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dispensations. The first was limited, local, secular, temporary, ceremonial, typical, carnal, worldly and national
at least, in many or most respects. The latter is and was designed to be--catholic, spiritual, unworldly and perpetual; a religion of peace on earth and good will toward men; of hope, joy, charity and holiness; of everlasting life and felicity through faith in the atoning sacrifice of the eternal Son of God, to all generations, without respect to persons, and without distinction of nations or families.
The worship and ritual service of the tabernacle, and more especially of the temple, were imposing, costly, burdensome, magnificent, and altogether without a rival in external splendour, pomp and grandeur. Whatever appertained to the system or to the priesthood, was also most minutely and accurately prescribed. So particular and so precise, indeed, were the directions and descriptions recorded in the Jewish law-book, that no room was left for doubt, or for diversity of opinion, in regard either to the substance or form of any commanded observance. Thus, the manner in which circumcision was to be performed and the passover to be celebrated, was so clearly indicated and so well understood, that no dispute or controversy ever arose upon the subject. Now, in all these respects, the Christian economy presents a direct contrast to the Jewish. Christ's kingdom is not of this world: and he demands the homage of the heart. The temple, the sacrifice, the Levitical priesthood, had accomplished the purposes of their institution; and were superseded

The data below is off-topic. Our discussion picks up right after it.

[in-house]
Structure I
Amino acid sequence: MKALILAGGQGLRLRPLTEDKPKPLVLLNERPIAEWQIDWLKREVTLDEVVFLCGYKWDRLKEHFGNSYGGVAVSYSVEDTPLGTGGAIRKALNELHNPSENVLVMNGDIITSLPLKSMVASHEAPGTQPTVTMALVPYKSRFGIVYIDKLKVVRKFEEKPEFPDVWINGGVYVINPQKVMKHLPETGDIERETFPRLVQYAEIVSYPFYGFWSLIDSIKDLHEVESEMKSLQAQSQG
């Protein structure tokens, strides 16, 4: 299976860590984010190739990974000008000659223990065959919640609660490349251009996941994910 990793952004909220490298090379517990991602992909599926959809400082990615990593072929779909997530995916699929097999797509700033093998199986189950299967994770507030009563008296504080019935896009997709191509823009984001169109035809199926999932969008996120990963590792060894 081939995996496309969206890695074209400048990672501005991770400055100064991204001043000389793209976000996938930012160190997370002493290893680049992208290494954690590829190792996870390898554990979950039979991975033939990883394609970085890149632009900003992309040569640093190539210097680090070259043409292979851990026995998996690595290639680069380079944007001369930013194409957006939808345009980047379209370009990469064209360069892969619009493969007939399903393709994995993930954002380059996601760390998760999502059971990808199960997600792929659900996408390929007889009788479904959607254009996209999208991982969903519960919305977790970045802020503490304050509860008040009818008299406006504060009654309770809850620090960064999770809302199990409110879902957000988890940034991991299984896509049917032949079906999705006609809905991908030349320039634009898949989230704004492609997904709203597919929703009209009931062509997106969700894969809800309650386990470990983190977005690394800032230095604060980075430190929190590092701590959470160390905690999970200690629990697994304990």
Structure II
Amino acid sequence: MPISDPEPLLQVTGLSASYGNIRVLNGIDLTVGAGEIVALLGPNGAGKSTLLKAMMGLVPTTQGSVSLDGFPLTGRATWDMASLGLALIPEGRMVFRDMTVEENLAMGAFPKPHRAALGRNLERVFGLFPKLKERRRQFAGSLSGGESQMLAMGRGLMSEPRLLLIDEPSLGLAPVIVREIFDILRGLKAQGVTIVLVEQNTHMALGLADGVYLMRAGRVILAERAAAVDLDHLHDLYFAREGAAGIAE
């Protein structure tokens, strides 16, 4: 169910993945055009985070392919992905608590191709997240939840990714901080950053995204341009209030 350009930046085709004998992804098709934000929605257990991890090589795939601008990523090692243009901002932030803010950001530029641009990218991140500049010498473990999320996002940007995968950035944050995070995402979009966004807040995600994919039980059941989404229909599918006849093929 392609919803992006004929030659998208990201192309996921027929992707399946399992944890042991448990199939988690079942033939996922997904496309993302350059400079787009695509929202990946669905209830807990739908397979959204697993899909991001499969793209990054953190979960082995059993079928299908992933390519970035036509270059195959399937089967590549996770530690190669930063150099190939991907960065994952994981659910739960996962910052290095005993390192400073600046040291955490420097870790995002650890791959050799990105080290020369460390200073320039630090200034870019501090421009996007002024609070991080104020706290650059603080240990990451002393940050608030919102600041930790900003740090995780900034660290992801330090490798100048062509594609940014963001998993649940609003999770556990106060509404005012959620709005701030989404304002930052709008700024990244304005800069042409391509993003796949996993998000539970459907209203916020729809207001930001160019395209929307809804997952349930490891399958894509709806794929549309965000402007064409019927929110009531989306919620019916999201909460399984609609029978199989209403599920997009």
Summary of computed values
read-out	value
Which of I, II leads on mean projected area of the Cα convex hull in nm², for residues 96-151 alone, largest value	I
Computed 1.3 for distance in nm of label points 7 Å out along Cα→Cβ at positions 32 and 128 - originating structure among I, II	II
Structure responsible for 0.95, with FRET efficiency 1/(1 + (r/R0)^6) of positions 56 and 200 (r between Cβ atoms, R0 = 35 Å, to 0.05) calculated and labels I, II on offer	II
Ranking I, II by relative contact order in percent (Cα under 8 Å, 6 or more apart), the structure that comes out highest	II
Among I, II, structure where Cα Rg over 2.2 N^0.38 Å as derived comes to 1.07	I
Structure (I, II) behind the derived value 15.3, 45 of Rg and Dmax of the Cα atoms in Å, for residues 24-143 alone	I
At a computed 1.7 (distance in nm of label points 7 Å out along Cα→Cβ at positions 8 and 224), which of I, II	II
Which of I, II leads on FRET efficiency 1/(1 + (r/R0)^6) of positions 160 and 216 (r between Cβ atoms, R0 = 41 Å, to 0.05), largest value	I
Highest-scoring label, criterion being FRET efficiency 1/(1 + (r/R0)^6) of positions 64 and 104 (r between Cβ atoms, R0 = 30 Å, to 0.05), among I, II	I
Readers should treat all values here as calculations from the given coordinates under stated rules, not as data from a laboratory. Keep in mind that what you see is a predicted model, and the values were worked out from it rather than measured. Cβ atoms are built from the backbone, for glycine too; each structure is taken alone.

by a service which every sincere disciple or believer could render at any time, in any place, under cumstances, and without regard to external or conventional formalities. Under the Gospel, no importance is attached to forms or modes. There are no rites or ceremonies—at least, in the Jewish meaning of the terms. Or if Baptism and the Eucharist be exceptions, they are very different in character, object and signification. There is no particularity or specification of details. No minute directions are given about form, manner, time and other incidents. Of course, much is left to human discretion—with a wide scope or margin for differences in mere non-essential modes; and for the exercise of charity and mutual forbearance among Christian sects and parties.
5. The Bible is our only authoritative guide and standard in the government and discipline of the Church, as well as in doctrine and conduct.
6. In the absence or want of explicit scriptural directions, we must be guided by the spirit and manifest scope of the Gospel. That system of ecclesiastical polity is best, which most surely promotes, cherishes, and accords with, the principles of the Gospel:—which most effectually maintains purity of doctrine and holiness of life among the people.
7. According to the "judicious” Hooker: “The necessity of polity and regimen in all churches may be believed, without holding any one certain form to be necessary in them all. And the general principles are such, as do not particularly describe any one; but sun
dry forms of discipline may be equally consistent with the general axioms of Scripture.”
The practical applications of this apparently liberal announcement, by the celebrated author of the “Ecclesiastical Polity," will be noticed hereafter.
8. Diversity in the forms of church government, as well as in doctrine and ceremonial, has prevailed almost from the apostolic age. These, under various modifications, may be denominated or classified, as Popish or Roman Catholic, Prelatical or Episcopal, Independent or Congregational, Presbyterian, and Erastian.
There are three strongly-marked and distinct systems, which embrace the elementary grounds of difference and controversy among Protestants, namely: The Independent, the Episcopal and the Presbyterian. These appeal mainly to Scripture for their respective peculiarities.